Friday, March 22, 2013

Governor Herbert Vetoes HB 76 – Concealed Carry Without a Permit

Governor Gary Herbert has vetoed Utah House Bill 76, a modification to Utah’s concealed carry laws for fire arms, and I’m glad. This bill would allow anyone in Utah to carry concealed weapons, without a concealed carry permit. Some of my friends will likely be upset with me, but I can’t imagine why it would have passed in the first place.

I am a firm believer in the right of American citizens to bear arms. Indeed, when I joined the USMC I took an oath to defend the U.S Constitution and, although that was many years ago and I no longer actively serve, I till take that oath very seriously. I prefer to think of myself as an “inactive Marine,” not a former one. As such, I have the honor of having belonged to a warrior culture. Being part of a warrior culture is very different from being part of a gun culture.

Most members of a warrior culture prefer peace over violence; we’re just not above using violence to protect ourselves, our friends, our family, our community or our country’s lawful interests. NOTE: that’s LAWFUL interests. We’re trained in the appropriate use of deadly force, weapons use and safety. We are NOT trained to kill indiscriminately. Accidents involving “friendly fire” are common enough to make us nervous. Such accidents can lead to the death of civilians, or members of our units. As you can imagine, we wouldn’t be very happy about any of those things happening. Such things are taken very seriously by “higher ups” in the chain of command, regardless of what the media shows.

Currently, in Utah people with a concealed weapon permit have to go through gun safety training. They are given information about the appropriate use of deadly force. In short, they may not be warriors, but they know when to, and when not to, use a firearm. They can be trusted to carry a gun.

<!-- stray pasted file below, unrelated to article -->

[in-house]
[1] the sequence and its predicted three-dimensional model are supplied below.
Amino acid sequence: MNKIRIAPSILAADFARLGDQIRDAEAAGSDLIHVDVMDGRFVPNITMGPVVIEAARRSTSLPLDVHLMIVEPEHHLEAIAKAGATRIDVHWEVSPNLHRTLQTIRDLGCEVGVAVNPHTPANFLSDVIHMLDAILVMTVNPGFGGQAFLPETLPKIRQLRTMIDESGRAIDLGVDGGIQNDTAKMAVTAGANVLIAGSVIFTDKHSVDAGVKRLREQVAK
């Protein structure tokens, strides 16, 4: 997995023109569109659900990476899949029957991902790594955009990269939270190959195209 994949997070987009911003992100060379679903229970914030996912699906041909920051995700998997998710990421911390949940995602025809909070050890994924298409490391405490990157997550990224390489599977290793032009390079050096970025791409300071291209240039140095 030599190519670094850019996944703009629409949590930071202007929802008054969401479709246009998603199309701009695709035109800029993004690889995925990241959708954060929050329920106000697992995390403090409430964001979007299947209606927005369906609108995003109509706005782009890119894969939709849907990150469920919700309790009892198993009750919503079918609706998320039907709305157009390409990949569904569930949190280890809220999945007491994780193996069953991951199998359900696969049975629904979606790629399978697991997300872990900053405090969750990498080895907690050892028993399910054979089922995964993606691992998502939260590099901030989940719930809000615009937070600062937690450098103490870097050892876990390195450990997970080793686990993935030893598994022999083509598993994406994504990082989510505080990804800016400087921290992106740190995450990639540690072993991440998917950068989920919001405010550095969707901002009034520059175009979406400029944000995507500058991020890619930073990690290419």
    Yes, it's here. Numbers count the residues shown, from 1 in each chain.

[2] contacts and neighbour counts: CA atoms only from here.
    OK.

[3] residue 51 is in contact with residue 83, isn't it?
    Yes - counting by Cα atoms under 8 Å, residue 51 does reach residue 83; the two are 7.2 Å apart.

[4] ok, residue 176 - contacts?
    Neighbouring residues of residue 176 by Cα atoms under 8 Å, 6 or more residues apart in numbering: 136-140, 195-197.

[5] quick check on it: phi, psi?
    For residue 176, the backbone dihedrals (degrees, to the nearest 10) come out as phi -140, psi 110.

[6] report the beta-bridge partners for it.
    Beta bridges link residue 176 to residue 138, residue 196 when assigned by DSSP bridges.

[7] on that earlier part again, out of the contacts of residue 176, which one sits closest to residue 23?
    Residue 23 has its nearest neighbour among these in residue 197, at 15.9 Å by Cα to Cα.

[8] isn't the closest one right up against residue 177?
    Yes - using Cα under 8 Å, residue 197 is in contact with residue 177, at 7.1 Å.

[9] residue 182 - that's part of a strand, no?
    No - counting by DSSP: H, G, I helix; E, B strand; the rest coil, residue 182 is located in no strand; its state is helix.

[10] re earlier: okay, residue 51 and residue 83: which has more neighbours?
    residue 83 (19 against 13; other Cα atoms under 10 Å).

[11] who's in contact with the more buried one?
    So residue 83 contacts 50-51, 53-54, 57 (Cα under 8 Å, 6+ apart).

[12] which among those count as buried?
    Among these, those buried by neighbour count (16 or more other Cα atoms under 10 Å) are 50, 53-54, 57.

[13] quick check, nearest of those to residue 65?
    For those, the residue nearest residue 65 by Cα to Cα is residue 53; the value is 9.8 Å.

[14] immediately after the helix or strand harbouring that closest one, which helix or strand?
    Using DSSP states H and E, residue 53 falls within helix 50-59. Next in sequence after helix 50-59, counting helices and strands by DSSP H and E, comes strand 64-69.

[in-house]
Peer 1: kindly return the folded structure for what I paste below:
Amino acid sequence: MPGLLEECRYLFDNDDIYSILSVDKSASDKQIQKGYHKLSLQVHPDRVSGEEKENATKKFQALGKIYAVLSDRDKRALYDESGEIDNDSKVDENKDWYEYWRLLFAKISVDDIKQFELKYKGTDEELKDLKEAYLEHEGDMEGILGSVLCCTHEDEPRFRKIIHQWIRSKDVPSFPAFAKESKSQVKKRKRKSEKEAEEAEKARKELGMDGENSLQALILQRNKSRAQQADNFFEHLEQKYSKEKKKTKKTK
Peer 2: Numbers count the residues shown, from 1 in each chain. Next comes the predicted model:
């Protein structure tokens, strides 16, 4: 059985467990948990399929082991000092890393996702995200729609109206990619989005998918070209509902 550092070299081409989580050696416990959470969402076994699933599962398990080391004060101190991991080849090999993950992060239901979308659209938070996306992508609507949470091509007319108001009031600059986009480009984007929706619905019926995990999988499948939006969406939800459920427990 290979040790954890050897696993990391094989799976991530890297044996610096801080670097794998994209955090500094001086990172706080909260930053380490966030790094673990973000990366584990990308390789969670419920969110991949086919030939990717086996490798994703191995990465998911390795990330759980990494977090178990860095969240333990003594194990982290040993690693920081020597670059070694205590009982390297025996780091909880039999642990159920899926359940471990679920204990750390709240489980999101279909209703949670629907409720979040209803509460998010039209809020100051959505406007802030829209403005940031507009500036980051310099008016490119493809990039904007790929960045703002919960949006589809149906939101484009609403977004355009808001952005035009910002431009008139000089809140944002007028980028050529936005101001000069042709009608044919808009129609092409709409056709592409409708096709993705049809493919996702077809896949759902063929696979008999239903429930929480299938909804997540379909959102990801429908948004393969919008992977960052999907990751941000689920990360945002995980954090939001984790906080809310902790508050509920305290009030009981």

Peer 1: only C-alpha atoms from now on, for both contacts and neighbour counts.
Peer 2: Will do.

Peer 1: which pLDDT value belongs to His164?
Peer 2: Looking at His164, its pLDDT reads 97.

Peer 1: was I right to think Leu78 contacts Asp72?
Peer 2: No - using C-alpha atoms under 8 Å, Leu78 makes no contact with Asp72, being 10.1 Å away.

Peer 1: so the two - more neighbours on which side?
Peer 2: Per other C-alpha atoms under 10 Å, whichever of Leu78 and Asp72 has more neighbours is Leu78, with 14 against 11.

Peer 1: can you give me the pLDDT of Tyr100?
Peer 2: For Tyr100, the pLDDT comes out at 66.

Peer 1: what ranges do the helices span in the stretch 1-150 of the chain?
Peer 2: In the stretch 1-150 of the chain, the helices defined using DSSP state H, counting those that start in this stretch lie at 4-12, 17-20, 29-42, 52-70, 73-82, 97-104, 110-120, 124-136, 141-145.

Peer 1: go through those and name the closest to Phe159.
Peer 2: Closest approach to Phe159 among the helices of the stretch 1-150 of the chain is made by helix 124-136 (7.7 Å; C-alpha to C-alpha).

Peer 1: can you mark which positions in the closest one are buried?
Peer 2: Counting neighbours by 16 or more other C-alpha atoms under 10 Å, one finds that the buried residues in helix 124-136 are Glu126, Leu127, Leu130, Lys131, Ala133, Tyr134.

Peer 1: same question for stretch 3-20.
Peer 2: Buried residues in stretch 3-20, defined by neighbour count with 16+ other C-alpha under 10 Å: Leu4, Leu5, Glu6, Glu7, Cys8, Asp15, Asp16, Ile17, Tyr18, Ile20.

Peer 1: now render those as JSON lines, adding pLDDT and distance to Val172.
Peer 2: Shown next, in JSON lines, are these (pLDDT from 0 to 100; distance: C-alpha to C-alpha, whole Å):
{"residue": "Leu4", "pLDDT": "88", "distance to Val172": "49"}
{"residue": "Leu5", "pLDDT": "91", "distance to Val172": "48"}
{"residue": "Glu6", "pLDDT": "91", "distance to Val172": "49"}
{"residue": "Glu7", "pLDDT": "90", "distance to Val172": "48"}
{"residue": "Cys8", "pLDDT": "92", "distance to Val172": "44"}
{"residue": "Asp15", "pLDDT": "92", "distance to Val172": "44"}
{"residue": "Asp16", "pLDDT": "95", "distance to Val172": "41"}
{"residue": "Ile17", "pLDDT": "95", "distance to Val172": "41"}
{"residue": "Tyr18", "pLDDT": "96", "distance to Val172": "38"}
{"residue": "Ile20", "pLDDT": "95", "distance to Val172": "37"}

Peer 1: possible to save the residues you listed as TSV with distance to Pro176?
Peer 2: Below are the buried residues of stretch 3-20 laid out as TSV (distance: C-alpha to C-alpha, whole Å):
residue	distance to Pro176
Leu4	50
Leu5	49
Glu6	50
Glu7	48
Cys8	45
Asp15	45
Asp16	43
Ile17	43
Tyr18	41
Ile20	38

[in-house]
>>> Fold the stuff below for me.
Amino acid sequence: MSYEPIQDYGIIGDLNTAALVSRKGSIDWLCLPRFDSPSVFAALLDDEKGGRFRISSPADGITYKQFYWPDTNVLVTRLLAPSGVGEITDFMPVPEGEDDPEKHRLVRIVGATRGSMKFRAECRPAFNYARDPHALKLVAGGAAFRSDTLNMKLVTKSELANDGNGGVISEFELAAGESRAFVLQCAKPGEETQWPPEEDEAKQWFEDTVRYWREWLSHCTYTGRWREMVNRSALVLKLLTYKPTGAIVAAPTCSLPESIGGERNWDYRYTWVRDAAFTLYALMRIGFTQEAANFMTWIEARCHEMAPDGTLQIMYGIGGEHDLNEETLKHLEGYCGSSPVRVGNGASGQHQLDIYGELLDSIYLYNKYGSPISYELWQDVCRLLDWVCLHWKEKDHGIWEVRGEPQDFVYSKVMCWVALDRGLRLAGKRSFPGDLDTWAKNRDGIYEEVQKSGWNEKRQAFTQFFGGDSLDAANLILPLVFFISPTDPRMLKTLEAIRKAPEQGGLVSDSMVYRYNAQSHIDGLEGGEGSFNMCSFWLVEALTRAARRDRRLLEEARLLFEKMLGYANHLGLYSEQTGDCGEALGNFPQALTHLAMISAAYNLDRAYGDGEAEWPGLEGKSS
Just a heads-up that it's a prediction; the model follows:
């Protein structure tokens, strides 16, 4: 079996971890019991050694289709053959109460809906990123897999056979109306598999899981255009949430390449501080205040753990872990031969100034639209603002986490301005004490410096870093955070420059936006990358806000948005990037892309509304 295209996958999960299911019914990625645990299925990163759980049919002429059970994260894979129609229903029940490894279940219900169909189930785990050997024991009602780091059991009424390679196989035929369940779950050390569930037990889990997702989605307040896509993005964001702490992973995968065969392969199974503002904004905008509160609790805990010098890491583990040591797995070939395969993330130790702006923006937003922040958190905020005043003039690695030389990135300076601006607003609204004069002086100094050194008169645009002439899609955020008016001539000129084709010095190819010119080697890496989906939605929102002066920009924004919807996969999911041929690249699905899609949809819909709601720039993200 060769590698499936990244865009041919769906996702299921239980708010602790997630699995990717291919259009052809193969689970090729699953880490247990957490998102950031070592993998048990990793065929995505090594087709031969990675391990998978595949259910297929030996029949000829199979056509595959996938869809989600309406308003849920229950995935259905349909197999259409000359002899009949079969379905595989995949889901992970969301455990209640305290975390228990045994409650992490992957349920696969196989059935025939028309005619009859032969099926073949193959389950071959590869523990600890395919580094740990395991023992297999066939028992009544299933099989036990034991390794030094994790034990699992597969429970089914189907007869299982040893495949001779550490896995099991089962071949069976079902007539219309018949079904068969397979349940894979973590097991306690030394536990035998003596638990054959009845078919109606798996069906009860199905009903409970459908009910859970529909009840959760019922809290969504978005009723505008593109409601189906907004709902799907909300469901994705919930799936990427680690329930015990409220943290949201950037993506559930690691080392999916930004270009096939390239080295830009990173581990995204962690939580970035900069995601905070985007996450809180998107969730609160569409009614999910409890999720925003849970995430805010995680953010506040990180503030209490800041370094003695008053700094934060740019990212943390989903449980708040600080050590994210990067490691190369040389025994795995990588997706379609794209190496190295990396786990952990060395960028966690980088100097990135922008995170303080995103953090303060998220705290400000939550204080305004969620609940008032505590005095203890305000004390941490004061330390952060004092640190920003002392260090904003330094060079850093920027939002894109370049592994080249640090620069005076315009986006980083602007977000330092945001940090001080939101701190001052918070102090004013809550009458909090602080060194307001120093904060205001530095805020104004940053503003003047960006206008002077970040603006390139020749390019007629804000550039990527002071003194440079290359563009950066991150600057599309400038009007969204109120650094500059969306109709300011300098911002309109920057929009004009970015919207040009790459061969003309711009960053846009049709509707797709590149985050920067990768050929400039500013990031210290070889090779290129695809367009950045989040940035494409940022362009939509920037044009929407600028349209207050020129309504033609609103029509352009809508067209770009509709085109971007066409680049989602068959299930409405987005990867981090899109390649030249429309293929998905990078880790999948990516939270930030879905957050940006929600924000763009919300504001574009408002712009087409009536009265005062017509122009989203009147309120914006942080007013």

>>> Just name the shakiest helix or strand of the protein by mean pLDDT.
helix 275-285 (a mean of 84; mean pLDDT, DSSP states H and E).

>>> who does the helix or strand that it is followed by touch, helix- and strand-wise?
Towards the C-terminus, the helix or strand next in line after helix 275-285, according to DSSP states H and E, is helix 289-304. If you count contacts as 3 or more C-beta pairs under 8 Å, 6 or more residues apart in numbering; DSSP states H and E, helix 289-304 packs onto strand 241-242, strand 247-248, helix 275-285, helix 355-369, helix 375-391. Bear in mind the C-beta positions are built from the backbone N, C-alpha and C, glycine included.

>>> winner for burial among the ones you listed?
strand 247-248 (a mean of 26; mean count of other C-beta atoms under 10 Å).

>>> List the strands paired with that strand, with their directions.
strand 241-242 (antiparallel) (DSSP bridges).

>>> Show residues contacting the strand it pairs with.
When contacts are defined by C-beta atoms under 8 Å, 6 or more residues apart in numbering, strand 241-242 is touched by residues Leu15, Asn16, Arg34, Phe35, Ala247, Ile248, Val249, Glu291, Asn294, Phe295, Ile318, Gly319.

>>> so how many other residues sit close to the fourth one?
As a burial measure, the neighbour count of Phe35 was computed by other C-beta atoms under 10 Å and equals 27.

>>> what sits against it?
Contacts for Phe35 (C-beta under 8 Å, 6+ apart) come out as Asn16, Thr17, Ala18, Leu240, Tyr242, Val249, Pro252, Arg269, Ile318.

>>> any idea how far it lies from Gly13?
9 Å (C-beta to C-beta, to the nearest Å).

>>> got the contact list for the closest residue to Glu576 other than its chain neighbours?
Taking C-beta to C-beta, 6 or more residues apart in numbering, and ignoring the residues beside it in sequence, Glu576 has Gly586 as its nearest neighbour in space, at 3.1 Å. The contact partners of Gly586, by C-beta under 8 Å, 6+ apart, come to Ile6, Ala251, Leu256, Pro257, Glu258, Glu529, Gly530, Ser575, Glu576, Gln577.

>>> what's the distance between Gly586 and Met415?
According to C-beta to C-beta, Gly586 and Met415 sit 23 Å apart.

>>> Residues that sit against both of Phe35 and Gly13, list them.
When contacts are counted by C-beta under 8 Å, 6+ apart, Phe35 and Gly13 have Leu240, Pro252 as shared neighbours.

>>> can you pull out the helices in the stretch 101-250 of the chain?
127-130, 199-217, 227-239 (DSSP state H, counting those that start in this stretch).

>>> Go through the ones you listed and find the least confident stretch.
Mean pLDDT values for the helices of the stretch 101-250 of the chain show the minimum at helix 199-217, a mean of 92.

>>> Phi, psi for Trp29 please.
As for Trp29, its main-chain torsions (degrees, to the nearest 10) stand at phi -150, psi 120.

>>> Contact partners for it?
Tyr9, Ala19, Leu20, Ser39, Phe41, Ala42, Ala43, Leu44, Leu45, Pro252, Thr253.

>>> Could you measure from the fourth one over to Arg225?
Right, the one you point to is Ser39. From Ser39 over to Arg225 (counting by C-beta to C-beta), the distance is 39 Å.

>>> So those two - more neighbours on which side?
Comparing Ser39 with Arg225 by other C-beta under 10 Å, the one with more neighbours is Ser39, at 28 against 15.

Most people who participate in gun culture share the same goals and concerns that members of a warrior culture do. Most of them are intelligent people who take gun ownership and use very seriously. Not all of them have taken the time to be trained, however. Not all of them understand the fine points of gun safety or the appropriate use of deadly force. Not all of them know not to fire into a crowd. Many do, but not all. So called “common-sense” is far from common. Someone with a loaded gun, who doesn't know the proper and safe use of it, is a danger to himself and others every time he draws it.

Changing the laws so that anyone can carry a concealed firearm, training or not, means that we will have more people who are untrained carrying weapons that they may, or may not, know how to properly use, and there is no way for anyone around them to figure out if they are packing or not. From the perspective of a bad guy, that might be a good thing. Bad guys are less likely to act badly if someone might be packing. But they don’t know who’s got a concealed carry permit or not so, from that standpoint, the impact is minimal at best.

It would pose a problem for law enforcement, however. Right now, if you’re packing a concealed weapon without a permit, you’re breaking the law. Pretty cut and dried. If not, the officer has to make a call as to your intent. The wording of “intent” is pretty vague. Even if the officer decides that you may have criminal intent in carrying the firearm, if he can’t prove it, later, this opens the state to lawsuit after lawsuit.

If the governor’s veto of HB 76 is overturned, we can expect an increased number of both trained, and untrained, gun wielders running around, as well as a waste if more state tax dollars on frivolous lawsuits. Why would anyone think this a good idea?